The United Nations Convention on the Recognition and Enforcement of Foreign Arbitral Awards celebrated its 60th birthday in June 2018. Through the Convention, signed on 10 June 1958, 159 state parties agree to the principle that foreign arbitration awards can be both recognised and enforced in their own courts.
Discontinuing arbitration claims once launched is not a topic that has received much attention. The topic has come under the spotlight in the last six months after two cases involving arbitration claims came before the English courts (and were withdrawn), only to find themselves subject to legal complications about whether they should have done so, and the costs consequences of doing so.
When can an arbitration claim be discontinued?
One question recently addressed by the courts is whether a New York Convention award creditor can abandon their attempt to enforce in circumstances where that enforcement has been challenged by the award debtor? The answer, according to a decision in August by the English Court of Appeal, will almost always be “yes”.
This important question has received surprisingly little attention from courts in New York Convention jurisdictions.
Stati v Kazakhstan makes the English law position clear, in a decision that both draws from, and is likely to influence, international jurisprudence on the enforcement of New York Convention awards. The decision relates to attempts to enforce a US $500 million arbitral award obtained by a Moldovan businessman against the Republic of Kazakhstan dated 19 December 2013. During proceedings in the English Commercial Court, the court found that there were sufficient grounds to permit Kazakhstan to argue that the award was obtained by fraud. In February 2018, prior to the commencement of the English fraud trial, the Stati parties exercised their right to discontinue their subsisting enforcement claim and offered undertakings not to further seek to enforce the award in England.
Kazakhstan successfully applied to set aside the notice of discontinuance on the basis that it had a “legitimate interest” in proceeding to a fraud trial and seeking a declaration that the award had been obtained by fraud, notwithstanding that the Stati parties had abandoned their attempt to enforce it in England.
However, the Court of Appeal, in August 2018, reversed the Commercial Court’s decision. It held that there was no “legitimate interest” in Kazakhstan proceeding to a fraud trial in circumstances where the underlying enforcement attempt was no longer pursued, relying on the ratio of a case on similar facts from Alberta, Canada: Karaha Bodas Company LLC v Perushaan Pertambangan Minyark Dan Gas Bumi Negara. There would only be such a “legitimate interest” in exceptional circumstances, which did not exist in that case.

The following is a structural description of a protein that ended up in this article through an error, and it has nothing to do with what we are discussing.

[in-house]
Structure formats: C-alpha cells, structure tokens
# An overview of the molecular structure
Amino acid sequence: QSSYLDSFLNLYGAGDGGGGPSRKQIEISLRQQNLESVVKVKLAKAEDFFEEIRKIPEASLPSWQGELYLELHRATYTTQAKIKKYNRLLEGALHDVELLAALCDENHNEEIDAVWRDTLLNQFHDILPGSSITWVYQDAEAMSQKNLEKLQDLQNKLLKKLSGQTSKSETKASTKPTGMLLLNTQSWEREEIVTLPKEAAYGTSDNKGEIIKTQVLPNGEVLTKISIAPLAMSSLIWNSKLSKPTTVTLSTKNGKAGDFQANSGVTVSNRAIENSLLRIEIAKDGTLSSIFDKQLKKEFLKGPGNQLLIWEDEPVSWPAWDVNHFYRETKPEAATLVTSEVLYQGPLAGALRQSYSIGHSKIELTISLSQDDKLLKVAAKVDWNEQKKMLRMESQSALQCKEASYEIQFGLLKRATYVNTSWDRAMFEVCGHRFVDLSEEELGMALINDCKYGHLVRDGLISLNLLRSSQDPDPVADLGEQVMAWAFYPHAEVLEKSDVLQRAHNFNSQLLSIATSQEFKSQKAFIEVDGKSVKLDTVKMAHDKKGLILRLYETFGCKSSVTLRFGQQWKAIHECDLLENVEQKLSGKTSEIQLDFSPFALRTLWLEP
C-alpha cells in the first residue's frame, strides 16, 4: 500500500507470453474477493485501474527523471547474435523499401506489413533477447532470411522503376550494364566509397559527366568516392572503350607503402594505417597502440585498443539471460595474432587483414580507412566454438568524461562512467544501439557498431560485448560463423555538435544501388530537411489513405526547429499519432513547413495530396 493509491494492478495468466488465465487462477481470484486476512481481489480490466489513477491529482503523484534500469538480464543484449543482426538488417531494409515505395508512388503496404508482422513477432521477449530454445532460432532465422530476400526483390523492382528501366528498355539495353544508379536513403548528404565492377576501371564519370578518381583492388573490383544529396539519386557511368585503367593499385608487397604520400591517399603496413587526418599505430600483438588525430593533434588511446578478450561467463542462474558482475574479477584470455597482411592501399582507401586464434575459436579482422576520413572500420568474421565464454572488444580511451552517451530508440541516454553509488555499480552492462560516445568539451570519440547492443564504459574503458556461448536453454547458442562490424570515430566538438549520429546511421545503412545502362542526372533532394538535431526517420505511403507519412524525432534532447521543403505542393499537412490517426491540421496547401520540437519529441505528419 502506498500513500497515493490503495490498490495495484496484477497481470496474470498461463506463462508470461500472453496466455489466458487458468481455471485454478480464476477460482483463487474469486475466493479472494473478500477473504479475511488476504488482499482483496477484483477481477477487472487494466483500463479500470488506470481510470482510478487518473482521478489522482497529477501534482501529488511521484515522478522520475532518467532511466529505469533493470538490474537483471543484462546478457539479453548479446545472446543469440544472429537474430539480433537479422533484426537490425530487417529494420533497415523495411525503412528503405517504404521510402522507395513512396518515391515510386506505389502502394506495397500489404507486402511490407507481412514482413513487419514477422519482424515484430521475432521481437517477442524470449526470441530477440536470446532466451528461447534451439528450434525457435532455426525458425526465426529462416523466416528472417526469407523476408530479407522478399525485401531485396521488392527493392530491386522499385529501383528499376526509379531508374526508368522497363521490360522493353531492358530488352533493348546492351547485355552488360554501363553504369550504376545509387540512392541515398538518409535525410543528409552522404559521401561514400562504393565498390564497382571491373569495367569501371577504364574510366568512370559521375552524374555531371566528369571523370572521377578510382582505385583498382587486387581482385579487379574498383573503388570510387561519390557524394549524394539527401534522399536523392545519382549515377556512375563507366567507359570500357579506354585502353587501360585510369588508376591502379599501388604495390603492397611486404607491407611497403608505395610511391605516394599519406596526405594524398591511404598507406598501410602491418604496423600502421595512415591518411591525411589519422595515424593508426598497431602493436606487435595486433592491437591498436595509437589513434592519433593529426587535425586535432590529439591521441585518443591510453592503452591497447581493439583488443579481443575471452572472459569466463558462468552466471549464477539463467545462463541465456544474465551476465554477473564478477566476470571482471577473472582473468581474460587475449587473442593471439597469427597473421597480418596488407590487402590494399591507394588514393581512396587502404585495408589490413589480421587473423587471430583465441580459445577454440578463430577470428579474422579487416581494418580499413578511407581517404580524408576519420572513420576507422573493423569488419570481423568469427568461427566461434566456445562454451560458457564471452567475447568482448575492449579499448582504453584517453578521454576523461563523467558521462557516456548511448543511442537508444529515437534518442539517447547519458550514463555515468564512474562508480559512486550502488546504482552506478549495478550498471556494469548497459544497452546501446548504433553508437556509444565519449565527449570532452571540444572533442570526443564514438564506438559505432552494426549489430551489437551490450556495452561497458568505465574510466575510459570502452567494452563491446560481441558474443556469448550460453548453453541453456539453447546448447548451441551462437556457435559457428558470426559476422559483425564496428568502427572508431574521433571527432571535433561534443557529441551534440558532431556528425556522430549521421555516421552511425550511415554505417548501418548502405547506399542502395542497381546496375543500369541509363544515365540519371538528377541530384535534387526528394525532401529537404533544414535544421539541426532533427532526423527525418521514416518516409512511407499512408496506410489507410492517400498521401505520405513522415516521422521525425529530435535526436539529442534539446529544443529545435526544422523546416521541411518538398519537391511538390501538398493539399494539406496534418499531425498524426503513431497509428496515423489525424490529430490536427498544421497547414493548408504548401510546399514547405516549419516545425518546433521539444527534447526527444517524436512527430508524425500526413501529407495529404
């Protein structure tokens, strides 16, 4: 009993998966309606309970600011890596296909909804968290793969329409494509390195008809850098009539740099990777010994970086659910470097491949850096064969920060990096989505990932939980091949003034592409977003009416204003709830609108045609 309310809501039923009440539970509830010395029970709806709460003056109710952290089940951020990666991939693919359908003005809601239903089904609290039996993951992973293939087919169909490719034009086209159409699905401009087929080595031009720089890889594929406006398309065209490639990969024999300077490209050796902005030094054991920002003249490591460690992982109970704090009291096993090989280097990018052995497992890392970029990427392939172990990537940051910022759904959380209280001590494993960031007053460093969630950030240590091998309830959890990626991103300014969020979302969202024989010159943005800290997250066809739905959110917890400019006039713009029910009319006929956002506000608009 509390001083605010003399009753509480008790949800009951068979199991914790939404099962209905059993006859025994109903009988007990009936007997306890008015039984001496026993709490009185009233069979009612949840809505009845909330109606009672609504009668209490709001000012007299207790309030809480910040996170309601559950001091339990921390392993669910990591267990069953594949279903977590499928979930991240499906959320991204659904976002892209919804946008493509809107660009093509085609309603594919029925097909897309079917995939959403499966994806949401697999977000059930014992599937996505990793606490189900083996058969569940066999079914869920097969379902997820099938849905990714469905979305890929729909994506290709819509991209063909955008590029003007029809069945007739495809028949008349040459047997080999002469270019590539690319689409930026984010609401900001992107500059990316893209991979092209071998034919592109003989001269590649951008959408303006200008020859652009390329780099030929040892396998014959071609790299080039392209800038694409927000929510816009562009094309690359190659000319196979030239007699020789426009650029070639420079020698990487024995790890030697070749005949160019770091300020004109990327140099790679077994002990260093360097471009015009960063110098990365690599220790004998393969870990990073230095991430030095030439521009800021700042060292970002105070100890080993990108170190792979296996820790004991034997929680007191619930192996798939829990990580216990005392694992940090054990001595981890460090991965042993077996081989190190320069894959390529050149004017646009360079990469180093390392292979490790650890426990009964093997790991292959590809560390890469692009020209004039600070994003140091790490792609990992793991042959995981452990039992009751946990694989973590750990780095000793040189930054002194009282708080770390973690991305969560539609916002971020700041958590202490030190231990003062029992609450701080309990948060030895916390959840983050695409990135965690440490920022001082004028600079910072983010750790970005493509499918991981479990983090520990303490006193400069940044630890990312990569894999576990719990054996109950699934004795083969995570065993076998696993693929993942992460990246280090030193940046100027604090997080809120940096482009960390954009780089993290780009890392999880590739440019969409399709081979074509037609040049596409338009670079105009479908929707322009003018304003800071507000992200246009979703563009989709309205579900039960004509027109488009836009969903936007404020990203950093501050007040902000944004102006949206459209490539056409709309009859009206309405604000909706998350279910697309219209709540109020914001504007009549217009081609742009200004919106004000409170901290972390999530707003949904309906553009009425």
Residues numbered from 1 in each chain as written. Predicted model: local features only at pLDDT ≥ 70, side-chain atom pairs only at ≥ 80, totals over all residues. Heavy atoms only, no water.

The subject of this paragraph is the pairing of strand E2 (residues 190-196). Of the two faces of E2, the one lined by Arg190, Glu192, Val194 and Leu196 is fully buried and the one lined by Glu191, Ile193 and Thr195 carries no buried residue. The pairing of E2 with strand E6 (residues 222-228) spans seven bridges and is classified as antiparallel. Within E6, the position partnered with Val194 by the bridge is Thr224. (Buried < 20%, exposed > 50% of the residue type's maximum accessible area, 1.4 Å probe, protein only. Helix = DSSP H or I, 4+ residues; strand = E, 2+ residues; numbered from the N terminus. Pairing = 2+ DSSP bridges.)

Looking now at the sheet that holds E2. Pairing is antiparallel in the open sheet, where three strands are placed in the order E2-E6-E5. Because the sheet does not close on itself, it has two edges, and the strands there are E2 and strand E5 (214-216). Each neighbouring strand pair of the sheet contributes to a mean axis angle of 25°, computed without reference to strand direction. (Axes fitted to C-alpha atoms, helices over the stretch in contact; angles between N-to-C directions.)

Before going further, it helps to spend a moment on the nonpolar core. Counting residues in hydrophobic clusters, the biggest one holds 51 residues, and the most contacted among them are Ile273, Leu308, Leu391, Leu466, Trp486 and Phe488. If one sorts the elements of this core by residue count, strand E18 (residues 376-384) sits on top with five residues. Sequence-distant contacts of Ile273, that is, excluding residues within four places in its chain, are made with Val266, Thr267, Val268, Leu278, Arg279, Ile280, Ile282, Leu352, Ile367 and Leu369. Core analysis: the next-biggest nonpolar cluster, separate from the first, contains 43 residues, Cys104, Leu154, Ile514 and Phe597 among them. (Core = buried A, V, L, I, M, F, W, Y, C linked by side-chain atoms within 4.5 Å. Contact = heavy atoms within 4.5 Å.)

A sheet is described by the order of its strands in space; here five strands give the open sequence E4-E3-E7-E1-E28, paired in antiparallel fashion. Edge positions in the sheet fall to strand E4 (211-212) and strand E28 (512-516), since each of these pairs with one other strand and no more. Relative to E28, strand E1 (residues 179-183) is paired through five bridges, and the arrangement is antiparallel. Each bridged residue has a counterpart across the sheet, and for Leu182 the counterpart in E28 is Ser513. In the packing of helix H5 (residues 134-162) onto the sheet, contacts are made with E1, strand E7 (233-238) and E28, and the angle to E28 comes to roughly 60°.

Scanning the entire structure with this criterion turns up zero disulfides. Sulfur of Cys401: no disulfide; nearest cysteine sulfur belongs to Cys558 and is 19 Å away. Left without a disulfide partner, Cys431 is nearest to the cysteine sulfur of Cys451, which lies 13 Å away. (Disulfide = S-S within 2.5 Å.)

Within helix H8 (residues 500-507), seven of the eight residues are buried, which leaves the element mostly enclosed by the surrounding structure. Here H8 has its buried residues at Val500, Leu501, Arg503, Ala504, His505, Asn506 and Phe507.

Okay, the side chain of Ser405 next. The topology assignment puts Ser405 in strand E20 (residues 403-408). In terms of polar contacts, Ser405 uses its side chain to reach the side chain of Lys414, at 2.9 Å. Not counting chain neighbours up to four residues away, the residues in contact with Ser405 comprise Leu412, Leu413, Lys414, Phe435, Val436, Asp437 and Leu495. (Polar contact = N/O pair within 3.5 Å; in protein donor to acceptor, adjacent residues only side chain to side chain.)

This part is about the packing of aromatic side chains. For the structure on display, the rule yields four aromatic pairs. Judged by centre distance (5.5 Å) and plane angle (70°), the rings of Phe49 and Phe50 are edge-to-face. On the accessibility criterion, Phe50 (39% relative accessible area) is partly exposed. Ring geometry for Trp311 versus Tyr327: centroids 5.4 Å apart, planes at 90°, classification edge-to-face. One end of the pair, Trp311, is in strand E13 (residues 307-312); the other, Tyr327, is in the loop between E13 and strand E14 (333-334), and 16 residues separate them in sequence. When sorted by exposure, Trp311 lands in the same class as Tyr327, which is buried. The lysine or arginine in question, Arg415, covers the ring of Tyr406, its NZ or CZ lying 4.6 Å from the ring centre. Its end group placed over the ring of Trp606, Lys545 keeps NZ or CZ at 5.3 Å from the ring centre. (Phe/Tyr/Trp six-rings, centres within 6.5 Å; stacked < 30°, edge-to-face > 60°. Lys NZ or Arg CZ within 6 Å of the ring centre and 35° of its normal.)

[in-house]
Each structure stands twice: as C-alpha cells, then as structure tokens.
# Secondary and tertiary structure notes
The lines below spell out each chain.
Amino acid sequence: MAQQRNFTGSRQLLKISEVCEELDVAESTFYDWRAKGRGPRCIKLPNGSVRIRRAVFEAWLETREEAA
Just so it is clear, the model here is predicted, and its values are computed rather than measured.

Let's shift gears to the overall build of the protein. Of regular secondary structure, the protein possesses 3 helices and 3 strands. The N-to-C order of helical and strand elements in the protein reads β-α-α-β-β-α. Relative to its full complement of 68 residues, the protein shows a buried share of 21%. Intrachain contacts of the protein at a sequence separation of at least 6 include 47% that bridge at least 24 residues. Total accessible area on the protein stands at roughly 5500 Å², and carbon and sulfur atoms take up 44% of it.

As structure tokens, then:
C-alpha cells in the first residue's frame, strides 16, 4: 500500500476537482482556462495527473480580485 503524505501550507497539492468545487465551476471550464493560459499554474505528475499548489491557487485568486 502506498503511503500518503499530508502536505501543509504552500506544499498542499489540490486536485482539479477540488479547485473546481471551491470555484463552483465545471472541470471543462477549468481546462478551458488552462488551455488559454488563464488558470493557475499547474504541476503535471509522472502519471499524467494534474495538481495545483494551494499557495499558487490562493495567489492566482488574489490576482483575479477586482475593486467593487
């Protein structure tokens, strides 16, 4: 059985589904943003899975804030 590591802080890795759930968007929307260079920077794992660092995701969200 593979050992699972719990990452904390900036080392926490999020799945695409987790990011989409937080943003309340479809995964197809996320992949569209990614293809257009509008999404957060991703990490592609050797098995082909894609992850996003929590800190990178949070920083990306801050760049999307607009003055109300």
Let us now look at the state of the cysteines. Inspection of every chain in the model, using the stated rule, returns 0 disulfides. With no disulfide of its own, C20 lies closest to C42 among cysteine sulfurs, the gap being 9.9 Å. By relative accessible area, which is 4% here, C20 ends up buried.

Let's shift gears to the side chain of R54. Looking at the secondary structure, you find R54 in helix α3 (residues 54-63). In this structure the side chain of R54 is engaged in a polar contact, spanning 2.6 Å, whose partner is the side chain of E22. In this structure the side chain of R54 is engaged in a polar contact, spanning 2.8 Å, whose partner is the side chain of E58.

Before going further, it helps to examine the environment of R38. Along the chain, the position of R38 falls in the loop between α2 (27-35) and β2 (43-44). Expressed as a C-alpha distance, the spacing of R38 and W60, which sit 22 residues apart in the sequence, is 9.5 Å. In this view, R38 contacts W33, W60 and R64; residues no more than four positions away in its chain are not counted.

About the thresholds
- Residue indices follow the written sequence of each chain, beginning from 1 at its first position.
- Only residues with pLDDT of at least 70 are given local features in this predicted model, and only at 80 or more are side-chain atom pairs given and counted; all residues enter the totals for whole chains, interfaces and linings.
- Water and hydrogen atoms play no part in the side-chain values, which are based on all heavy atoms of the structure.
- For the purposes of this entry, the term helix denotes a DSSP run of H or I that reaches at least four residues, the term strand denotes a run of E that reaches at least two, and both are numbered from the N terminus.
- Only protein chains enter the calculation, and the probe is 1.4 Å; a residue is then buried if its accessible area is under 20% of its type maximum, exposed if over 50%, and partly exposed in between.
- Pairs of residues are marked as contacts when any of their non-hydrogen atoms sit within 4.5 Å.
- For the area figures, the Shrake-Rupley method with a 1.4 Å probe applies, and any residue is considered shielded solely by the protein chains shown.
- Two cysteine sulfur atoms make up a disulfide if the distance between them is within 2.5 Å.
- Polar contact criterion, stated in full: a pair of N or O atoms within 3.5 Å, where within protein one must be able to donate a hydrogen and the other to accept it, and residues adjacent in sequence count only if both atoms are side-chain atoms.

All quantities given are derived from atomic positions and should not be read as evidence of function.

The consequences of a successful discontinuance of an arbitration claim were then addressed by the English Commercial Court in January 2019 in Koshigi Limited & Svoboda Corporation v Donna Union Foundation & Ulmart Holdings Limited. After the London Court of International Arbitration (LCIA) ruled that the claimants were bound to purchase shares in Ulmart held by Dona Union and for a price of more than US $67 million, they appealed the awards under section 68 of the English Arbitration Act 1996, claiming serious irregularity and bias on the part of the tribunal. They subsequently discontinued the claim.
The usual rule is that the discontinuing party pays the costs of the discontinued case. The section 68 applicants contended that despite losing the arbitration, the award was likely to have been unenforceable in any event since the successful party had not complied with certain aspects of the tribunal’s award. For that reason, the court should not follow the usual rule, and allow discontinuance without any costs consequences. The court declined to do so, on the footing that it was impossible to determine this factual question when assessing an application for discontinuance costs. Moreover, the court held that costs would be ordered against the discontinuing applicant on an indemnity basis, since the section 68 challenge had been “very weak”.
These decisions are a cautionary tale for parties contemplating arbitration claims in England and Wales in respect either of enforcing or appealing arbitration awards. An award creditor can now commence enforcement proceedings in the knowledge that it will not be forced to fight another lengthy legal battle based solely on the award debtor’s alleged “legitimate interest” in having its allegations that the award was obtained by fraud heard at trial (even if an exceptional risk of being held to a trial on the issue remains). But Koshigi has also sharpened the focus on the costs burden for discontinuing arbitration claims and the court’s reluctance to depart from the usual costs consequences. A party can discontinue an arbitration claim, but they may pay the price for doing so.